On May 17, 2023, an appellate court covering appeals from Queens County Supreme Court reversed a trial judge who refused to declare a mistrial during opening statements. The plaintiff claimed that while riding his motorcycle on a road in Queens when a truck driving in the opposite direction hit the high voltage electrical and communication cables strung above the road, causing them to rip away from a house and fall on top of him, causing serious and permanent injuries. Plaintiff claimed that well settled Court of Appeals decisions, impose a heightened duty on a utility company like Con Edison to maintain the lines to prevent sagging or falling - "whether or not such condition was caused by the utility company." Defense counsel filed a third party action against Verizon claiming its cables were the lowest cables attached to the pole at issue here and the were the cause of the accident. Verizon was dismissed from the case pre-trial because Con Edison was found to have unduly delayed joining them to the law suit.
Fearing that defense counsel would try to defend Con Edison by blaming Verizon, plaintiff's counsel successfully made a pre-trial motion to preclude Con Edison from blaming Verizon based on the prevailing law that holds them responsible and because the Court had previously granted dismissal of Con Edison's claims against Verizon. Defense counsel ignored the Judge's ruling and argued to the jury that one of its employees would testify that "telephone wires have been improperly tied to the higher Con Edison wires and have pulled them down" to a reduced height such that a truck came in contact with them. The trial judge specifically warned defense counsel (twice) to refrain from making any further argument to the jury that Verizon was in any way responsible for plaintiff's injuries. Once again defense counsel continued to present his Verizon theory to the jury in his opening statements. Plaintiff's counsel objected more than once to multiple prohibited comments implicating Verizon made by defense counsel during opening statements. Defense counsel responded that he only "inadvertently" violated the Court's ruling. Plaintiff's motion for a mistrial was denied and the trial concluded days later with a defense verdict.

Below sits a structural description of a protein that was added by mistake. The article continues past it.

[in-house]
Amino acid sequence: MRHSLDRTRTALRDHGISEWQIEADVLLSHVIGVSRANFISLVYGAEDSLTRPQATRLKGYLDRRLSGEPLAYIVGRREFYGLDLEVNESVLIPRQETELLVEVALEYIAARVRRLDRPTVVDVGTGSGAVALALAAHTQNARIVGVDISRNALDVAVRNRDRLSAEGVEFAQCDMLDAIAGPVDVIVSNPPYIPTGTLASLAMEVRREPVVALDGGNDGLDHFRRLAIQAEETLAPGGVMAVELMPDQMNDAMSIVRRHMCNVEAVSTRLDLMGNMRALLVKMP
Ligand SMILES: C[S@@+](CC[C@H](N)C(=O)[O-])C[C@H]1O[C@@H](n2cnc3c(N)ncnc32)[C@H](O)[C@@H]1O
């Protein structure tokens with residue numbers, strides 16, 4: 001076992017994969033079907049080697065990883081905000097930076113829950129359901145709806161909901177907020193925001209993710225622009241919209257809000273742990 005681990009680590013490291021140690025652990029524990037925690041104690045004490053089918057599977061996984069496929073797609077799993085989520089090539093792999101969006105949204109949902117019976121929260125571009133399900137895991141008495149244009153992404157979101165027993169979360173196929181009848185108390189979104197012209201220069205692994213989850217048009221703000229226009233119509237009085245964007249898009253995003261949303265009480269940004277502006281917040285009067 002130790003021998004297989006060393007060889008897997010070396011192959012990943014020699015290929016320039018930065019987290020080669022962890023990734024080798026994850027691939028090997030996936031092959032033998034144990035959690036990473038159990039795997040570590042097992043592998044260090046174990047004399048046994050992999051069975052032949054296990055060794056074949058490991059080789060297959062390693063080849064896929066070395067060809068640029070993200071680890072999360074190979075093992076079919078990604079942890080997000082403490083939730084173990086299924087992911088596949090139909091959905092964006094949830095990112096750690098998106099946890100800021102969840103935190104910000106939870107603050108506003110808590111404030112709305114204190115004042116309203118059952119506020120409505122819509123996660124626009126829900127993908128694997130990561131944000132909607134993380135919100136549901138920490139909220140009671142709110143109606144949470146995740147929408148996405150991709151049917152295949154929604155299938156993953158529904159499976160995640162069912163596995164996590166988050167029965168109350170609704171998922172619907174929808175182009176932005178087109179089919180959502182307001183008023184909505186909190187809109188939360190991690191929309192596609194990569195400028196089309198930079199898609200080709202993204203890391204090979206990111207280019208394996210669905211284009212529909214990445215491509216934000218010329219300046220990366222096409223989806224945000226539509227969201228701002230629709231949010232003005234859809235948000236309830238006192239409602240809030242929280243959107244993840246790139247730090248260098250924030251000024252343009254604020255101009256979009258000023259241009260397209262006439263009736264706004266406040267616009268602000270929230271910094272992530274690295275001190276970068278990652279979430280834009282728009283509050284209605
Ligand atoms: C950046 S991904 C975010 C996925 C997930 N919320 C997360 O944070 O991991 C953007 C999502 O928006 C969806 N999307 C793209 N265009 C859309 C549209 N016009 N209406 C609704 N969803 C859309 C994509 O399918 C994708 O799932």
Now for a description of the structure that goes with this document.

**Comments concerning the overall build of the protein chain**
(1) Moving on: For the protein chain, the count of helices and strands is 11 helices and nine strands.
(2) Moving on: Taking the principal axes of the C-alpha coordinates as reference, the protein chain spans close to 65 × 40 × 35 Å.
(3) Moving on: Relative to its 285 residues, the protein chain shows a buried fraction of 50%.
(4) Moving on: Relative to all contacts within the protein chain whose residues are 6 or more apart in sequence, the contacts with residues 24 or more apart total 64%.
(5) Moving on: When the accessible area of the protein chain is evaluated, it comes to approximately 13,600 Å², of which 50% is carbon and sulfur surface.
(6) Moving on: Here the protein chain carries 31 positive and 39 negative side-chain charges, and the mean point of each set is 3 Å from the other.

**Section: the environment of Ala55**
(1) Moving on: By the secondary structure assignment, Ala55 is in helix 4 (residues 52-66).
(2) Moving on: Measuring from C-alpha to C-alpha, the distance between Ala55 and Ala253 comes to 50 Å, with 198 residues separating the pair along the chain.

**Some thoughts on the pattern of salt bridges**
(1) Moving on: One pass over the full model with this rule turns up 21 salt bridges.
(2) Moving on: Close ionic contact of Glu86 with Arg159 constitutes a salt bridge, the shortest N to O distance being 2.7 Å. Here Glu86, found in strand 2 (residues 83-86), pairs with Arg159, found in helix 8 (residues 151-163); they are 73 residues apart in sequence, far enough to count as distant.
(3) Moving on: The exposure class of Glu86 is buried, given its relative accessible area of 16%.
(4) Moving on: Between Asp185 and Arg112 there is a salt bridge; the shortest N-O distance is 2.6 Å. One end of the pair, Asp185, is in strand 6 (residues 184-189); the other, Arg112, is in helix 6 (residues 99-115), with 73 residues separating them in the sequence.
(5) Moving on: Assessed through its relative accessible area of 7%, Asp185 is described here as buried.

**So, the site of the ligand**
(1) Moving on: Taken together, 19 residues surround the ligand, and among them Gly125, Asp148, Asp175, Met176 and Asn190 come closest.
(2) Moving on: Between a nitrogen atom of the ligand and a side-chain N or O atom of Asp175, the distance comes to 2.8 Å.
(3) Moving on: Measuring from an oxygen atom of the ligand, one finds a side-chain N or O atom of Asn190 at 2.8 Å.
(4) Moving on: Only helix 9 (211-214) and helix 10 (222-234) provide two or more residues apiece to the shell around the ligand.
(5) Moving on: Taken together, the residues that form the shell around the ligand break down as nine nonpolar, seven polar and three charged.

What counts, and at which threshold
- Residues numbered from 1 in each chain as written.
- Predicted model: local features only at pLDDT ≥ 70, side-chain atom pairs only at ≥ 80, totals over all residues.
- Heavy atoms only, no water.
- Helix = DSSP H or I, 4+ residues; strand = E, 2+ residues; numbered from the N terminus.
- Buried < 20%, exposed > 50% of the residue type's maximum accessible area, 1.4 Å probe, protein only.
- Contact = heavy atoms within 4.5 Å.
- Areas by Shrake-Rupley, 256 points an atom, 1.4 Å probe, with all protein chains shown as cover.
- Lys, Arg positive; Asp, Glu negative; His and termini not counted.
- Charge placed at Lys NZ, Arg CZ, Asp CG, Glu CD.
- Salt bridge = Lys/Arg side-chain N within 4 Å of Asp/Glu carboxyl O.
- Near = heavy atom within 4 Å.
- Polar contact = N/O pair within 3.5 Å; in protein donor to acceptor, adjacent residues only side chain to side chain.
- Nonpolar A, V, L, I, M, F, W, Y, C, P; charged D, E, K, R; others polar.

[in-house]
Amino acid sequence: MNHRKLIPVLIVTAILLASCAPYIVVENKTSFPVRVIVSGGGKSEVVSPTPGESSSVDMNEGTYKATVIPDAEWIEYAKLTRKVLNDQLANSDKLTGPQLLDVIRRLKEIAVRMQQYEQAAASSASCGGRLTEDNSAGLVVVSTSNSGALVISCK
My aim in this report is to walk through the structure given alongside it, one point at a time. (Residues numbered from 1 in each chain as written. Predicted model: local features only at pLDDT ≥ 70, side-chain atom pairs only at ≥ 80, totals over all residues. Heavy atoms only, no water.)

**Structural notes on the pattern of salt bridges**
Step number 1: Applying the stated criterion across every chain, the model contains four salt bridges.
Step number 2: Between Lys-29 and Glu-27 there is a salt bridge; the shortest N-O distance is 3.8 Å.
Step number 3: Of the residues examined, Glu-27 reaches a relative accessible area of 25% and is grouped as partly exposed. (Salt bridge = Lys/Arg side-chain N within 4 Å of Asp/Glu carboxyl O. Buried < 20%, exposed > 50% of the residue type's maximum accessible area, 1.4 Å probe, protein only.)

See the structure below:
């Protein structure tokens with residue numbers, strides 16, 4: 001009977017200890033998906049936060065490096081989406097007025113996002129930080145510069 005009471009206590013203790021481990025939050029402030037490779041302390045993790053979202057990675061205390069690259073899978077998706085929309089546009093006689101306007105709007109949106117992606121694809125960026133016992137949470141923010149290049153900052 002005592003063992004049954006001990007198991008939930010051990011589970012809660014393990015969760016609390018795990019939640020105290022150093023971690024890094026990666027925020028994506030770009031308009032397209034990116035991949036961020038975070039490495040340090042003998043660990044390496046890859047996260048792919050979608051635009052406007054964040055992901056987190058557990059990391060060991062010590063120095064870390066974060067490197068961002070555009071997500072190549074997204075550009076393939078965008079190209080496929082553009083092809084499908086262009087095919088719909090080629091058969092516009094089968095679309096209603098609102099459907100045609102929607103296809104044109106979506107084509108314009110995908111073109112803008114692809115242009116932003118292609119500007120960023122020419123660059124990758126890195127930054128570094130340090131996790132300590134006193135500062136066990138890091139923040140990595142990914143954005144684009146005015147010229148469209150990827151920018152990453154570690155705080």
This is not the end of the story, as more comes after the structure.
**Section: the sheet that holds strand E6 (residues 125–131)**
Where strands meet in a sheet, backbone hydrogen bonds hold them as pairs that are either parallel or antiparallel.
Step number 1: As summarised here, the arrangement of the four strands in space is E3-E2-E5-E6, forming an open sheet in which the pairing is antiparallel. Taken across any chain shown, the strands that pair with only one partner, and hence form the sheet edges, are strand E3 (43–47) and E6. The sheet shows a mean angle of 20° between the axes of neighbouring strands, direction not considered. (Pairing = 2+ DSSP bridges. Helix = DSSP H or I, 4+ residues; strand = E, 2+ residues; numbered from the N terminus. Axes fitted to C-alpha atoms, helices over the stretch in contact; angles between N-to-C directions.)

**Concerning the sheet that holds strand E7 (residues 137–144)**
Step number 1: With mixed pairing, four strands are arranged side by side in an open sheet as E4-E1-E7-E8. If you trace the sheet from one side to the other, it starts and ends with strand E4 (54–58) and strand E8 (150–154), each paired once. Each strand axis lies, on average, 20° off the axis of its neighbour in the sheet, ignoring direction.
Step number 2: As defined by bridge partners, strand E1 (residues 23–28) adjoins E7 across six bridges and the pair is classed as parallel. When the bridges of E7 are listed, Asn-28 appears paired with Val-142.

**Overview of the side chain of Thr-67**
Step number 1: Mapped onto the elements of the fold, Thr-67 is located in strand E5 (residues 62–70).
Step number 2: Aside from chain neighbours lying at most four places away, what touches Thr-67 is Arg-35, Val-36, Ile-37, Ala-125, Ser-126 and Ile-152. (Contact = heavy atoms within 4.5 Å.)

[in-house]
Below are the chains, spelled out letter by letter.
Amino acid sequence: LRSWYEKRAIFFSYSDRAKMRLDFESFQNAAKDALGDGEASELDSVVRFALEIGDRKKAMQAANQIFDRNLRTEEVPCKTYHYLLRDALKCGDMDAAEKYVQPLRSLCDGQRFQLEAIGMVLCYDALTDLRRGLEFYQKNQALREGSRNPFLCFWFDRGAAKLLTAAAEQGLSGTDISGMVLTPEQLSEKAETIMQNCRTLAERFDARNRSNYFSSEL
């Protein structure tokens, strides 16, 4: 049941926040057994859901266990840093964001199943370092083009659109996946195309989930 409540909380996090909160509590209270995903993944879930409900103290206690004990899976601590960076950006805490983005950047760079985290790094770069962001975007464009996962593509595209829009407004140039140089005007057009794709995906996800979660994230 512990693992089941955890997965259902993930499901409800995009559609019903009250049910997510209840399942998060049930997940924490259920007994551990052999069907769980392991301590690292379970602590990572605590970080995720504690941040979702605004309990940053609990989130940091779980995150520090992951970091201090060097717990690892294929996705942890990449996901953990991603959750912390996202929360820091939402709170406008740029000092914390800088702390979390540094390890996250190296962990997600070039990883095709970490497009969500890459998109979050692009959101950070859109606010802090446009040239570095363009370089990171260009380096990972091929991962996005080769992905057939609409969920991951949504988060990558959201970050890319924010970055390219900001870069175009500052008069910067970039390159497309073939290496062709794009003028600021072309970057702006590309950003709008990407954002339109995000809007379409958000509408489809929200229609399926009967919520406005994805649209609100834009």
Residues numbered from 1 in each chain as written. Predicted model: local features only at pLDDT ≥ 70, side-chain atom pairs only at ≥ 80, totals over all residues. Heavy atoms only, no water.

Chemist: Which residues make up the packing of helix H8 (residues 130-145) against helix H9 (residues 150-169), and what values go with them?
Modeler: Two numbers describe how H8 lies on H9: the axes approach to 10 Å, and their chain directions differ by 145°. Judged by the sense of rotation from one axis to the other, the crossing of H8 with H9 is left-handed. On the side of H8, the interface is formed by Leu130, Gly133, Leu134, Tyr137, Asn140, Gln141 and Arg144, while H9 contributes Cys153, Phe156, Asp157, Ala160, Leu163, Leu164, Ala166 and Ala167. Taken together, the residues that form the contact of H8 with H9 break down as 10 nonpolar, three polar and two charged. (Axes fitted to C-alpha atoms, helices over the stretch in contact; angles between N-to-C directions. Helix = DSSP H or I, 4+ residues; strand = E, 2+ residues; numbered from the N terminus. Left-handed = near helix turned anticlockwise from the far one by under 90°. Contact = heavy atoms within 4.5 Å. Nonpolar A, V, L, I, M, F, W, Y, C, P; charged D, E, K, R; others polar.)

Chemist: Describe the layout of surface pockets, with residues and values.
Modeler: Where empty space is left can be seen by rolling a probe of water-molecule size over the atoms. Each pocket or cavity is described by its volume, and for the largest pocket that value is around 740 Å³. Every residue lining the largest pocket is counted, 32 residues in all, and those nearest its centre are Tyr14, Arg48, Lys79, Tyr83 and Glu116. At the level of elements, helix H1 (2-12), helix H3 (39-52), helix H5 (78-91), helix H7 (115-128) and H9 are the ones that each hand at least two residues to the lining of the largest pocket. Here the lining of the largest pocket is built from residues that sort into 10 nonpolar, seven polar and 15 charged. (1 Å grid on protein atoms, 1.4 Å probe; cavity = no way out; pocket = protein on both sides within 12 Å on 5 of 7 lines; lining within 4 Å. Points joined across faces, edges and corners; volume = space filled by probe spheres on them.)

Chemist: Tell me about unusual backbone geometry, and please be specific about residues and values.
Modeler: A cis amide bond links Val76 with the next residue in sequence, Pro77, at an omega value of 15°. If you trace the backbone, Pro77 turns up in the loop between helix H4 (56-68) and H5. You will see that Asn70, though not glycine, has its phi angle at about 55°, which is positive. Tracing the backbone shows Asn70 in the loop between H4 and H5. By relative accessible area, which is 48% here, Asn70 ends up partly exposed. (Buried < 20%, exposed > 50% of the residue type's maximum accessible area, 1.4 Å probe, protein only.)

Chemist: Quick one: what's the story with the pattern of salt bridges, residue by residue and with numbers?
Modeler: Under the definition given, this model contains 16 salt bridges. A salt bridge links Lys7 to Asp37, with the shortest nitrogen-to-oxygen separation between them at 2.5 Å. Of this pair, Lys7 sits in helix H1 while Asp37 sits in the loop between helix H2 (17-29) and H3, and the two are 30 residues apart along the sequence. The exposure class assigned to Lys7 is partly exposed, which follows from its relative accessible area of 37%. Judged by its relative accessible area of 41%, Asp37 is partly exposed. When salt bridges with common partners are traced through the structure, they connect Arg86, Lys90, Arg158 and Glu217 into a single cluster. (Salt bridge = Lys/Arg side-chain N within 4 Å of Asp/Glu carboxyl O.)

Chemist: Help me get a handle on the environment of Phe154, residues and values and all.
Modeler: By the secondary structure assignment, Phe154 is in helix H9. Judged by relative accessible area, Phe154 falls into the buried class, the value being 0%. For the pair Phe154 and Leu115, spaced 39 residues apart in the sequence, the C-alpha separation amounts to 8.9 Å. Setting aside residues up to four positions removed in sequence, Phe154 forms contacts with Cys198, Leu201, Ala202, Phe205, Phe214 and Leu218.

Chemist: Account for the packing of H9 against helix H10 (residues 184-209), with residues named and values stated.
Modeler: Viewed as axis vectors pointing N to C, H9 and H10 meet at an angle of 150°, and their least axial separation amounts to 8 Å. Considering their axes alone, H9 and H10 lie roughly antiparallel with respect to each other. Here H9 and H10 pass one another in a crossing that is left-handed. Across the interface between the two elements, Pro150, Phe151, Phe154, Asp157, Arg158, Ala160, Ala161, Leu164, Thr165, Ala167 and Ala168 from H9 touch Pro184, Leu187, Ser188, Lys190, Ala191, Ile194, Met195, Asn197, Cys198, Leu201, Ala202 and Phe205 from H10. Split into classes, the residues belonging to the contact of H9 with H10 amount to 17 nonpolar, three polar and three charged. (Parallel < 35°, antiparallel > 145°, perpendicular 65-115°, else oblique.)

The Second Department held that defense counsel's references to Verizon were not inadvertent as claimed but: "intentional", in "blatant disregard", "deliberate" and "egregious", thus warranting a new trial. In summary, the defense attorney's "misconduct was not harmless under the circumstances of this case" and deprived the plaintiff of a fair trial. Coward v Consolidated Edison, Inc., 2023 WL 3486332